How to Decide Which Things to Leave Behind

by Miranda Marquit · 0 comments

I’m in the midst of my second cross-country move in less than a year. As a result, I’ve had to, once again, decide which items to leave behind. This process was made a little easier due to the fact that we didn’t buy much while we were living in Pennsylvania, and we had discarded close to 75% of our belongings when moving from Utah.

However, the reality of the situation once again has me considering what to keep and what to leave behind. In our consumer culture, it’s easy to think that we need to keep a lot of what we have — and it’s also easy to keep adding to our belongings. Two moves have taught me that maybe I don’t need as much stuff as I thought. In fact, as I get ready to set up house once again, I’ll be pausing to reflect before replacing some of what I left behind.

Is It Necessary?

One of the first things to ask yourself before keeping something is whether or not it is necessary. I left behind sets of pans because I know that one set of pans is sufficient for what my son and I do in the kitchen. There’s no reason to have duplicates of our well-made pans and other dishes. The same can be said of many of the things that we keep in the house, from bedding to old, unused electronic gadgets.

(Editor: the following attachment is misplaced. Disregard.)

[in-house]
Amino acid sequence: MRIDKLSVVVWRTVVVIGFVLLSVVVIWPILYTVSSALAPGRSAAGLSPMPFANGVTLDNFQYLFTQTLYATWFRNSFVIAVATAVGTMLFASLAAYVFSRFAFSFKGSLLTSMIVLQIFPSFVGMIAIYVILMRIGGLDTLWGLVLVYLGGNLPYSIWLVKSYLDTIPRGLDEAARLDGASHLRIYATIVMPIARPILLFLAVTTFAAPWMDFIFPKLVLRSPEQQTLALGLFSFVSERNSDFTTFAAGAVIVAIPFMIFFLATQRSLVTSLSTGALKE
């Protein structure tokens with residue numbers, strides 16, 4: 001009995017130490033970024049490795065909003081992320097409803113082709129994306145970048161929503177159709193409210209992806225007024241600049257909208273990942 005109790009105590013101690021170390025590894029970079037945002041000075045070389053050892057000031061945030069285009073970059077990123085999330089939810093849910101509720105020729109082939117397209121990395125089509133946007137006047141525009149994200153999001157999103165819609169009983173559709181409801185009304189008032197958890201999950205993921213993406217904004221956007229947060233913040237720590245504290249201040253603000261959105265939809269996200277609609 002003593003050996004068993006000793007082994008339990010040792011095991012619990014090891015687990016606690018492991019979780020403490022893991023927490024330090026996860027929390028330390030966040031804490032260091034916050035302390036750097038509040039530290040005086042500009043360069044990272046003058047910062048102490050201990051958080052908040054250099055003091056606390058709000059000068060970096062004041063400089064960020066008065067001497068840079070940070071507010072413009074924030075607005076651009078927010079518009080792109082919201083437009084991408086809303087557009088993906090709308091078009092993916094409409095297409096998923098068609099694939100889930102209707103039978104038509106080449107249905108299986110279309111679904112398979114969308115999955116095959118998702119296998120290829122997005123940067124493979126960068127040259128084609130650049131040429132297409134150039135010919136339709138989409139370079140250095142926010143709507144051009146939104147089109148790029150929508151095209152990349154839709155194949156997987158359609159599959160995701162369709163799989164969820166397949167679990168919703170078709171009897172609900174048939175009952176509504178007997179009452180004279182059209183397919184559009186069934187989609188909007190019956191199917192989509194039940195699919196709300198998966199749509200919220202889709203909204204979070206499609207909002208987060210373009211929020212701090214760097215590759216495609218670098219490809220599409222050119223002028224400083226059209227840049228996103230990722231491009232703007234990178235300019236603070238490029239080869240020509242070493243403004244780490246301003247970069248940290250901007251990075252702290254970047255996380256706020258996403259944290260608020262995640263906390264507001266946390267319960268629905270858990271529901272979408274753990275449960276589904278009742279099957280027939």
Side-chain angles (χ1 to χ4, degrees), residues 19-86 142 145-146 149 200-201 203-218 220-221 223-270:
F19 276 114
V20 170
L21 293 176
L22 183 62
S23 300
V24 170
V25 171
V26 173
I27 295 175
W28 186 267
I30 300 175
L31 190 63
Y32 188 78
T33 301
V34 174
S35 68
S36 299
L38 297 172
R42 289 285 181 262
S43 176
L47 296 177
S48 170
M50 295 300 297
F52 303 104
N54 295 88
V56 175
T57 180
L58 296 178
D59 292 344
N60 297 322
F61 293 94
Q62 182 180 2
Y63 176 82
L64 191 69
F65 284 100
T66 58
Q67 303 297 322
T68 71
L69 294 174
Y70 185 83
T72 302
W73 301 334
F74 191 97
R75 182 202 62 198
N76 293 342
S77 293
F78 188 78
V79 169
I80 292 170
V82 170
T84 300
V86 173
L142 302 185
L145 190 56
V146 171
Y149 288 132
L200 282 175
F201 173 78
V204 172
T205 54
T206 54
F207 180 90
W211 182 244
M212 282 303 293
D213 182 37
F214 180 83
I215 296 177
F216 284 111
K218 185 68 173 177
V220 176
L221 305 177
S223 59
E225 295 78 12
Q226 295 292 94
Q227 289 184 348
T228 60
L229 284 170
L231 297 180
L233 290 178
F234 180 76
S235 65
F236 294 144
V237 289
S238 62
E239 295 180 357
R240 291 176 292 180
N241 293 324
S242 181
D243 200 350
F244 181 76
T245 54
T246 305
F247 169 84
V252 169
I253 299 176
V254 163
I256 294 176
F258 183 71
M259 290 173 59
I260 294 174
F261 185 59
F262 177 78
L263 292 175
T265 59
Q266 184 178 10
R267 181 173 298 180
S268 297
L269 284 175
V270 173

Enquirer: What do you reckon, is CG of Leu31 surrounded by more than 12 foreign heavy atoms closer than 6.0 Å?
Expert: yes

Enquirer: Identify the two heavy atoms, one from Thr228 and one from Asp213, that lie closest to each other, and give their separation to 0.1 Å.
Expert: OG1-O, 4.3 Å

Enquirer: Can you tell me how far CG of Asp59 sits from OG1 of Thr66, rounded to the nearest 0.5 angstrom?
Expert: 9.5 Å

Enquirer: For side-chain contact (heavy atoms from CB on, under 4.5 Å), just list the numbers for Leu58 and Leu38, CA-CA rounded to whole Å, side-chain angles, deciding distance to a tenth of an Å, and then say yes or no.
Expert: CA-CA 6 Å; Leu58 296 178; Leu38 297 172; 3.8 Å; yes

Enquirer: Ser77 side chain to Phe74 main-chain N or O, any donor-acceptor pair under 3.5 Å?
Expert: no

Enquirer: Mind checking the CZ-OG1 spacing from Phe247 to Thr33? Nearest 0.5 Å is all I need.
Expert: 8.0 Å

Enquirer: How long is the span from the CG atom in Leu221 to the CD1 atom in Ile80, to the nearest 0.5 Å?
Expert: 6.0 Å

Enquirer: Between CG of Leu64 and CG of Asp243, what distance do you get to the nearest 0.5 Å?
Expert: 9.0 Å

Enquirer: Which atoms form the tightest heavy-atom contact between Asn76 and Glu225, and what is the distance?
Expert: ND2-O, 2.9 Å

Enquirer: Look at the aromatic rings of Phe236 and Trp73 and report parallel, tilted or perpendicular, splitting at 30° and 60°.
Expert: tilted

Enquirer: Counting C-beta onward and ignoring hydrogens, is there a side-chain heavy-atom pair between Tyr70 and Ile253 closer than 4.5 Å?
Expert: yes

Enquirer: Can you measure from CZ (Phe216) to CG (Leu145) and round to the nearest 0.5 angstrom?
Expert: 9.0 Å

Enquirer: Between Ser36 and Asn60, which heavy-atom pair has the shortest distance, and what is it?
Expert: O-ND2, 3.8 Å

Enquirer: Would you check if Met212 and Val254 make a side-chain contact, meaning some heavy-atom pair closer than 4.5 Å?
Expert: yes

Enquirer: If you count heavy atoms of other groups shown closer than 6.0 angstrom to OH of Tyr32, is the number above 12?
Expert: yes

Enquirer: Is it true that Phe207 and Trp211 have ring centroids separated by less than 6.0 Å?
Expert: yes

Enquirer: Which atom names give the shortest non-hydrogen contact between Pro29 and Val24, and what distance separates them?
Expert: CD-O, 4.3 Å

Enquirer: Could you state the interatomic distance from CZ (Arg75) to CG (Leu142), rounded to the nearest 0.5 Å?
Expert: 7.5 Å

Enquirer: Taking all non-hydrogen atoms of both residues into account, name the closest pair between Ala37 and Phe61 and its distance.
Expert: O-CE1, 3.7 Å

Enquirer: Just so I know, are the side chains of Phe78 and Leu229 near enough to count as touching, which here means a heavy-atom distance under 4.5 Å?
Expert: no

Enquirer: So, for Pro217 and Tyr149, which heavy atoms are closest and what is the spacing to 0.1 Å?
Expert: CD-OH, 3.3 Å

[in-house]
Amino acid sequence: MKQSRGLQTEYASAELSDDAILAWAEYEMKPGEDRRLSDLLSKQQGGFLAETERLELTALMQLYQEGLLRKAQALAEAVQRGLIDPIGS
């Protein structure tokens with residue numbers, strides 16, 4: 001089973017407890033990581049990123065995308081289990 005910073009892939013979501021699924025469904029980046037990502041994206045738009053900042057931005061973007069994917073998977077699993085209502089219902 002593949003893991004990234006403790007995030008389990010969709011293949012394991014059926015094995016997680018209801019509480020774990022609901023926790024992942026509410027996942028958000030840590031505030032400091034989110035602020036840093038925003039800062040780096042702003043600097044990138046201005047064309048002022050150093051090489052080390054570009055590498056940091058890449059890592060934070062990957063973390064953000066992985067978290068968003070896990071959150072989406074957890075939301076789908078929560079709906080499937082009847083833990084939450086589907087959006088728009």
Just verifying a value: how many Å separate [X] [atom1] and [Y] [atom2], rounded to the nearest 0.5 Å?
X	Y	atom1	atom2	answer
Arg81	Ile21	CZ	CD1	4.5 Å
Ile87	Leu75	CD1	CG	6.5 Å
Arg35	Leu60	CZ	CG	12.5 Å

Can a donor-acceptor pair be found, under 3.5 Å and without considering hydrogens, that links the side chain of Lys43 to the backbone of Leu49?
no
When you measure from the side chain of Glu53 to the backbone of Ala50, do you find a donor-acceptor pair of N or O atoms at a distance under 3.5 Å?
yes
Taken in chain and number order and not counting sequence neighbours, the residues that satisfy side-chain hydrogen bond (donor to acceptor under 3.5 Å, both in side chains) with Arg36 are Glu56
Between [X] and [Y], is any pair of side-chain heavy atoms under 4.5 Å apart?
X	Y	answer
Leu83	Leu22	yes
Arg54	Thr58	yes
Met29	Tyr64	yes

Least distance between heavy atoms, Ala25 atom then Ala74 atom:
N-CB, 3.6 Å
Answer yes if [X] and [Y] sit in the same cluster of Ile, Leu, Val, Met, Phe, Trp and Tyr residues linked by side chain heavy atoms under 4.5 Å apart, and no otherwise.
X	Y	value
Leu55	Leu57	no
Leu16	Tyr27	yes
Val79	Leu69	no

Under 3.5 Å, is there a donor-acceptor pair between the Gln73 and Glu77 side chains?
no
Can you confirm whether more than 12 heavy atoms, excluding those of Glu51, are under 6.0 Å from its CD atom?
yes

I also like to consider whether or not something is useful. While some things that I keep are beautiful and perhaps not useful, most of what I like to keep has some purpose. If it’s not something I’m going to use, and if it isn’t part of my emergency supply, I’m more willing to leave it behind. I’m pretty minimalist when it comes to furniture these days, preferring only to keep what I know I’ll use. This has the added advantage of opening my living space and allowing it to feel less cluttered overall.

What About Sentimental Value?

While there are certainly items that might have some sentimental value, the reality is that I don’t actually need to keep these items, and some of them are connected to the same events. If there is something I really enjoy looking at, or that is associated with a treasured memory of a lost loved one, I’m happy to keep it. However, I only need one item to represent many of these memories or people. I can leave the rest behind as I move forward.

Simple Collections

Finally, I like to focus on simple, inexpensive collections that don’t take up space. My son and I began collecting refrigerator magnets because they are inexpensive, easy to transport and can be a fun way to remember a trip without getting crazy. I started getting rid of collections that just took up space and were expensive. Now the things I collect are easy to manage and don’t cost very much, and have been getting rid of everything else.

It can be difficult to decide what to get rid of. However, when you are forced to make choices, you have the chance to reduce your own consumerism and save more money in the future.

Bonus Tip:

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